In a wonderfully surprising story, Allison Fallon used to think she was a generous person…That was until she met her husband. Described by others an incredibly generous person, Darrell, shared one day with his new wife what made his generosity take root. “If you want to become better at giving, you need to become better at receiving, too!’.1
Think about it…like many, here was a person who actually thought she was a fairly generous person but in reality her inability to receive from others stunted her capacity to be generous. As you reflect on this for a bit I think it will make sense. Remember from my last blog that generosity actually includes much more than simply giving money. In one’s abundance of resources – possessions, emotional support, and expertise or time to help someone, the capacity to welcome others and include them in, even the capacity to forgive – generosity is being “open-handed” knowing that God has given a super-abundance to us. Generosity then is a heart condition, or maybe more accurately capacity or space in the heart for others and God.
What will mere giving and not being able to receive do to a person’s heart? You might think of other difficulties but it seems to me that practiced enough it would leave a person isolated from real relationships with a sense of pride and importance that would lead only to a mechanical kind of giving, if any. In addition, I wonder how much joy would there be in giving but never really knowing what it’s like to be a recipient. It seems, in a paradoxical way, that when one receives from others it heightens their ability to joyfully and generously give.
The gospel as good news from God is summarized very simply in John 3:16. “For God so loved the world that He gave His only Son.” In other words, the gospel at its core is the self-giving of the Father by giving His Son and the self-giving of the Son on the cross then giving His Spirit. How do you become a generous person? When you understand the generosity of God in self-giving.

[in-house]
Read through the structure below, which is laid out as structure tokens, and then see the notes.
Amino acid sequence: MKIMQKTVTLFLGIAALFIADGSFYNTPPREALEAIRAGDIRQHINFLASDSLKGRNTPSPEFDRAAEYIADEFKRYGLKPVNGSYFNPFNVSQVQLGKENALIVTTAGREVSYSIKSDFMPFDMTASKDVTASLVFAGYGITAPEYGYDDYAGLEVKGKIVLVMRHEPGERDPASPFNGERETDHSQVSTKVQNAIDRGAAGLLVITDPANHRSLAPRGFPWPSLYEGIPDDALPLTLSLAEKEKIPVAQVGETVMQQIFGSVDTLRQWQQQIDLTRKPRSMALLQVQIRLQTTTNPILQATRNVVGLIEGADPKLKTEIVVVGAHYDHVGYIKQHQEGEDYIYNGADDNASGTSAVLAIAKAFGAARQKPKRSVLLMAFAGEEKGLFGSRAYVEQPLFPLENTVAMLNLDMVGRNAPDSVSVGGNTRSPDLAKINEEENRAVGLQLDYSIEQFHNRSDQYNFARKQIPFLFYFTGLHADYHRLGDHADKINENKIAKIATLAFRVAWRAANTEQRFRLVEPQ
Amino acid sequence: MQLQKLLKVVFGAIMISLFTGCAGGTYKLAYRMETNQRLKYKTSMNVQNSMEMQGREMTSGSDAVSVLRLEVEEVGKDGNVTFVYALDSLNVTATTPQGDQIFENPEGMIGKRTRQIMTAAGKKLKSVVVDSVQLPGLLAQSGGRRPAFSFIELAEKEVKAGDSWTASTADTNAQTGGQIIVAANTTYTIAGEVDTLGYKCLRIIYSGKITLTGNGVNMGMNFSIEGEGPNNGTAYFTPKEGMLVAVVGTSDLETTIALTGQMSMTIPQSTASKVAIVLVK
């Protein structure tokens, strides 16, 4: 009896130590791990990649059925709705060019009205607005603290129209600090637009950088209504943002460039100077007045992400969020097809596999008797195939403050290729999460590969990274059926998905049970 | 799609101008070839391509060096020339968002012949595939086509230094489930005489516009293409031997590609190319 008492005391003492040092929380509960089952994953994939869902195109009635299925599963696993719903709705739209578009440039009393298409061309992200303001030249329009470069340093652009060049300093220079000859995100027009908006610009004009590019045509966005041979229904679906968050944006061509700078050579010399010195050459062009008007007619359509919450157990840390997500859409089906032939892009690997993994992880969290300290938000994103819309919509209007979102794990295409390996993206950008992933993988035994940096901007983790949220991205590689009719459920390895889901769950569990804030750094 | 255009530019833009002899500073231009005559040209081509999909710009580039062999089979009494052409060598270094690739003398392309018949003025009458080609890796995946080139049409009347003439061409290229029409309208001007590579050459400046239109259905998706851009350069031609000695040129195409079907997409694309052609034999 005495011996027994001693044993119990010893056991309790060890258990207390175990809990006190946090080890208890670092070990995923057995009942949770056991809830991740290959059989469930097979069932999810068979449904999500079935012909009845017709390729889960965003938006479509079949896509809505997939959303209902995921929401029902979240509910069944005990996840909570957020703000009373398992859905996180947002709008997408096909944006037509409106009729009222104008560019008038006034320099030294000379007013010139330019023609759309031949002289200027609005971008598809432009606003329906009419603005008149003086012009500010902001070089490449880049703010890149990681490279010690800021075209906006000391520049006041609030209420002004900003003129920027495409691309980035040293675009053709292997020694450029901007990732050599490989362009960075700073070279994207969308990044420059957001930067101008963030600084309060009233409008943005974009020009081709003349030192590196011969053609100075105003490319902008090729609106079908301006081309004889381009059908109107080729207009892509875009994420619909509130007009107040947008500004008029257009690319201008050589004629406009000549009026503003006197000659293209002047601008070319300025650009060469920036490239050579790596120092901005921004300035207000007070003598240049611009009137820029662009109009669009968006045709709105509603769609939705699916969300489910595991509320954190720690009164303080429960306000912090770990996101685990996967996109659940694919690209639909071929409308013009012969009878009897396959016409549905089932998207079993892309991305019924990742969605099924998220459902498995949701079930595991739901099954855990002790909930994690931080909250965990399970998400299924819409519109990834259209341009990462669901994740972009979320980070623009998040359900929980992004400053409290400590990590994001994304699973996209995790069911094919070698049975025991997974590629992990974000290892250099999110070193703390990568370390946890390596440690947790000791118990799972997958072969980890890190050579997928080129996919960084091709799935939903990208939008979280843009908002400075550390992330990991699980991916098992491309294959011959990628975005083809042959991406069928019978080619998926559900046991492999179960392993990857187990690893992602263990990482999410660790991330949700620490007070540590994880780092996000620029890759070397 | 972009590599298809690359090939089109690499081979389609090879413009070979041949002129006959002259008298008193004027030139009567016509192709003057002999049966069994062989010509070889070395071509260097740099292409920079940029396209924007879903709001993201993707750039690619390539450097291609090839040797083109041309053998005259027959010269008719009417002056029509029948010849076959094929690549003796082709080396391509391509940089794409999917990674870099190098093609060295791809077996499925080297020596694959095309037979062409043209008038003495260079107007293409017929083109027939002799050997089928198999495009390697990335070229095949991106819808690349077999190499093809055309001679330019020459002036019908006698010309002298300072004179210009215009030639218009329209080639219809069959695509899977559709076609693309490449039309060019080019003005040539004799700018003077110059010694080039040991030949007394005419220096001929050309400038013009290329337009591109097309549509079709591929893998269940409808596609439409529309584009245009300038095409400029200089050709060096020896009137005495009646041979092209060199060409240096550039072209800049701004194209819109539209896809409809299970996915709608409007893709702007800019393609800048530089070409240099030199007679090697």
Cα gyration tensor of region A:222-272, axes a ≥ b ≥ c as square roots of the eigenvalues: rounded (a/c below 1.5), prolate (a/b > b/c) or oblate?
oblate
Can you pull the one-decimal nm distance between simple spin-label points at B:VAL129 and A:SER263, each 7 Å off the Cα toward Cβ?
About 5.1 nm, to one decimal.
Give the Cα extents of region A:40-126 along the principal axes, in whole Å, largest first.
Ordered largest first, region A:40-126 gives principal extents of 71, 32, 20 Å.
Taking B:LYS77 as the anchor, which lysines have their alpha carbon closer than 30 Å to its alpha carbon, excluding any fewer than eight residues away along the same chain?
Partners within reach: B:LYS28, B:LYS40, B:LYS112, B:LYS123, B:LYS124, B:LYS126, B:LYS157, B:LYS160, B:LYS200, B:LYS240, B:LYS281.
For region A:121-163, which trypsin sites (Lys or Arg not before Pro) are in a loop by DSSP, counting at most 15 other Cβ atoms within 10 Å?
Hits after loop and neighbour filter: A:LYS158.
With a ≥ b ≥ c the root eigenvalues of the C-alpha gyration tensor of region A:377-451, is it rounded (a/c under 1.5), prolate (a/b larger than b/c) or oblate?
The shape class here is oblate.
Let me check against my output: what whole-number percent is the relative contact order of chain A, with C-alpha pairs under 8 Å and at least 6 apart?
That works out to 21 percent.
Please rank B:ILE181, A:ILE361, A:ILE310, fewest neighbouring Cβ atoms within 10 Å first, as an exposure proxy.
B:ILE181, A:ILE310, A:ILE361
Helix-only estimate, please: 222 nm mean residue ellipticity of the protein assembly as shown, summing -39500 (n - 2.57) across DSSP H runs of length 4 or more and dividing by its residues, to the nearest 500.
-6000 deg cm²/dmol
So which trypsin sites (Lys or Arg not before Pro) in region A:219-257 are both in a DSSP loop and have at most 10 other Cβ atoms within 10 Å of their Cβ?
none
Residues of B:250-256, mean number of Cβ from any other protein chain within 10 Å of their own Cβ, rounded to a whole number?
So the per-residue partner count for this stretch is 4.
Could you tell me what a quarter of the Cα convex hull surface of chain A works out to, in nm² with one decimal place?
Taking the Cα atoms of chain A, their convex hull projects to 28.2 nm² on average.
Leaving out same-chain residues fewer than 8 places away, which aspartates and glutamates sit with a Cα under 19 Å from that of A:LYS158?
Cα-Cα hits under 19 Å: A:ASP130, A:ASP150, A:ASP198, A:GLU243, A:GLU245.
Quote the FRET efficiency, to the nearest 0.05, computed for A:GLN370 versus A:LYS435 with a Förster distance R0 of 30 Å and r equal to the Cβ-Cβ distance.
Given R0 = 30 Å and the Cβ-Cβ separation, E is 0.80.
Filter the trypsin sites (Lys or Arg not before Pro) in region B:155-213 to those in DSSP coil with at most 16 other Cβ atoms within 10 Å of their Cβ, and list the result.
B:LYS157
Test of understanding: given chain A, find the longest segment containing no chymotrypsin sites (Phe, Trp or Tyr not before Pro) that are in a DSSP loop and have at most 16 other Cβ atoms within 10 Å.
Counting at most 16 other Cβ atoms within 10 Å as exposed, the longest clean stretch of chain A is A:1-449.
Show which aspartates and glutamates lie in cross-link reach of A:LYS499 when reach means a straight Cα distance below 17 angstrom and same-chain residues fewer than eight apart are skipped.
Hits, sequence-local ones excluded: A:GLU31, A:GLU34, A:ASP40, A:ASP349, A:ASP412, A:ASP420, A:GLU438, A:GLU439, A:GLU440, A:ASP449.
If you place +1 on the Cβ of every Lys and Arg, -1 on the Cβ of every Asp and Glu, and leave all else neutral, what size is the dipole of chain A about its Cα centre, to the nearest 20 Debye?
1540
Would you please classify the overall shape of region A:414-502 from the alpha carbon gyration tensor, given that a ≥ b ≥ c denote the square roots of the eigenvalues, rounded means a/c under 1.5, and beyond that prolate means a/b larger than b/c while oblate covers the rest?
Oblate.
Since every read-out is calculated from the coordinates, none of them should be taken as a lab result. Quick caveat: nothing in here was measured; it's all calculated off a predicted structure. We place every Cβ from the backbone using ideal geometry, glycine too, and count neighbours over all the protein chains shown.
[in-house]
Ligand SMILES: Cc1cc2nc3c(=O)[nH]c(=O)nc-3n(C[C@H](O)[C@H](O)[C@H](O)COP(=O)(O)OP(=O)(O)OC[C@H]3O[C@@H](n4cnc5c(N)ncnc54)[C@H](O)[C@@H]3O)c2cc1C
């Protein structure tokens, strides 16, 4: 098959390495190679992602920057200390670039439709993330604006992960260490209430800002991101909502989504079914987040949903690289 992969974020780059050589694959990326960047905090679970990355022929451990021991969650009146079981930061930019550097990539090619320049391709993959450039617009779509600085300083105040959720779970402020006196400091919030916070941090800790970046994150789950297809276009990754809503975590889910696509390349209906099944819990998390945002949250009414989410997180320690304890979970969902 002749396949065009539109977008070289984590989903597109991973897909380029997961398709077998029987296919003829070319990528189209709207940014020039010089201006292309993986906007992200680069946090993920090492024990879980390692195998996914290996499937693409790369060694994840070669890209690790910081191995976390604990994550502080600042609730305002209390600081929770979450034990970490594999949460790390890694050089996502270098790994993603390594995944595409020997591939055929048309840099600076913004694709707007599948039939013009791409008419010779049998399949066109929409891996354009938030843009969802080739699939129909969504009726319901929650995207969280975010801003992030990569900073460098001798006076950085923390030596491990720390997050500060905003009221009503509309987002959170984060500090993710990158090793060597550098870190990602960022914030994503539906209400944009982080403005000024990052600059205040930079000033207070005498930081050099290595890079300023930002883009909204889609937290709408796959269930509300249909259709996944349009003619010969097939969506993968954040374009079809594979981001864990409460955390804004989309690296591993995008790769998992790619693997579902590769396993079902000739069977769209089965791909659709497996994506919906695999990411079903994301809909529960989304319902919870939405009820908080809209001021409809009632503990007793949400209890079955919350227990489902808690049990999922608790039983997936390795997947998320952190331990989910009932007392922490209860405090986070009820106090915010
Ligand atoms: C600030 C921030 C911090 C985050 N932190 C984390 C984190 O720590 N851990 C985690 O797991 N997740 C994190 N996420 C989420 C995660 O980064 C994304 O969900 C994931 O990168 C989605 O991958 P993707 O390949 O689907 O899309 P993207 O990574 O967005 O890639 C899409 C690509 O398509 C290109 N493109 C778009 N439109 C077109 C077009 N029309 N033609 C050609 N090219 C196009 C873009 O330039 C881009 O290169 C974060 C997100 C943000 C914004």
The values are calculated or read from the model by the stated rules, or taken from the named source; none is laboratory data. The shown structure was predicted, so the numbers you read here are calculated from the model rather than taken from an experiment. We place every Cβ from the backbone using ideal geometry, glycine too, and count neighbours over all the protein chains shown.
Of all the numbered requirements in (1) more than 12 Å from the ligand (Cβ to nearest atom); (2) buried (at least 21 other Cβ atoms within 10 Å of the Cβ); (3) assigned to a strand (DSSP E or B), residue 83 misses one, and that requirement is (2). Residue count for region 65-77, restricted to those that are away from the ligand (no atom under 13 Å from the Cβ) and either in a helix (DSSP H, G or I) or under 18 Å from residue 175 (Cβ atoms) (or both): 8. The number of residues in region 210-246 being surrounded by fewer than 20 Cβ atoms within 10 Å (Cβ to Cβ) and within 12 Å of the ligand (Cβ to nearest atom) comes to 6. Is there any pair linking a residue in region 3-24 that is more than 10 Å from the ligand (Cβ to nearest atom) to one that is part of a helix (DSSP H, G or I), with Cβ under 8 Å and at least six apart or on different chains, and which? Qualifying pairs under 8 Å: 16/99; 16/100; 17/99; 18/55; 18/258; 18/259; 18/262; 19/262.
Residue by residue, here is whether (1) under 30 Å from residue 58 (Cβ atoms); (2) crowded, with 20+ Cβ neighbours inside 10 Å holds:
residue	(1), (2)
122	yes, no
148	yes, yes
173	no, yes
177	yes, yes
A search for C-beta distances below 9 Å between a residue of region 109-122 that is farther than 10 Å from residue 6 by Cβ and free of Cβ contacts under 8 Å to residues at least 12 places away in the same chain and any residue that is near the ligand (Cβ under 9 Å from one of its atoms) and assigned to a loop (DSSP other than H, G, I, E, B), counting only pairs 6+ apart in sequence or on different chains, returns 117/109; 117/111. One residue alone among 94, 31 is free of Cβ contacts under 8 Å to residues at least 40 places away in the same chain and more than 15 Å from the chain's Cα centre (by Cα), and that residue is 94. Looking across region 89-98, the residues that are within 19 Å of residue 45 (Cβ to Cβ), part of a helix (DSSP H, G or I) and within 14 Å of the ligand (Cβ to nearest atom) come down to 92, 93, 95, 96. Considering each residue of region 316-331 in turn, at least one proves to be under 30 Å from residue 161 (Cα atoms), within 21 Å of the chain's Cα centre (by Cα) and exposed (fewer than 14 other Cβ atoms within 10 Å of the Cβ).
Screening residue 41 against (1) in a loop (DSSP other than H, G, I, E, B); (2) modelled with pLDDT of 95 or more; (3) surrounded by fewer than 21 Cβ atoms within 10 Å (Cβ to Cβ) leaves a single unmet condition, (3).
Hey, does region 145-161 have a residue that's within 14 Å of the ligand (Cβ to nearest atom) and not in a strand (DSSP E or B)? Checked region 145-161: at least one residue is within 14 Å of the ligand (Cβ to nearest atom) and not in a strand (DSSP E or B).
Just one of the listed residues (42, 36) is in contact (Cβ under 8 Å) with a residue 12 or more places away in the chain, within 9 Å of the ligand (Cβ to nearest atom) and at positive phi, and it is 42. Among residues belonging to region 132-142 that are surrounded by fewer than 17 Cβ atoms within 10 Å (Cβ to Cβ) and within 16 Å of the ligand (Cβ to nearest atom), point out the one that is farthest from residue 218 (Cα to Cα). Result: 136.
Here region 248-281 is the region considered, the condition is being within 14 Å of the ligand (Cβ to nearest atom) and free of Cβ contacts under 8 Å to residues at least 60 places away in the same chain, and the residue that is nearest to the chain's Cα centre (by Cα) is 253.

The Apostle Paul applies this to giving financially in 1 Corinthians 8 (but you can apply it to any resource above). Rather than command believers in the church to give he writes,
I am not commanding you, but I want to test the sincerity of your love by comparing it with the earnestness of others. For you know the grace of our Lord Jesus Christ, that though he was rich, yet for your sake he became poor, so that you through his poverty might become rich. (1 Corinthians 8:8,9, NIV)
What a beautiful way to motivate people to be generous! The generosity of God (the space
He has in heart for you as He gives freely out of the super-abundance of His resources), is this: Jesus who was rich beyond all measure became poor for you so that you in the poverty of your sin might become rich in Him. Now, be generous as you have been generously treated because of the gospel!
Your ability to receive the gift of salvation and ongoing grace from God is the seed to becoming a generous person. When that gospel seed gets into and works in your heart, it’s going sprout in greater generosity!
1Allison Fallon, A Surprising Way to Become More Generous, http://storylineblog.com/2015/10/16/a-surprising-way-to-become-more-generous/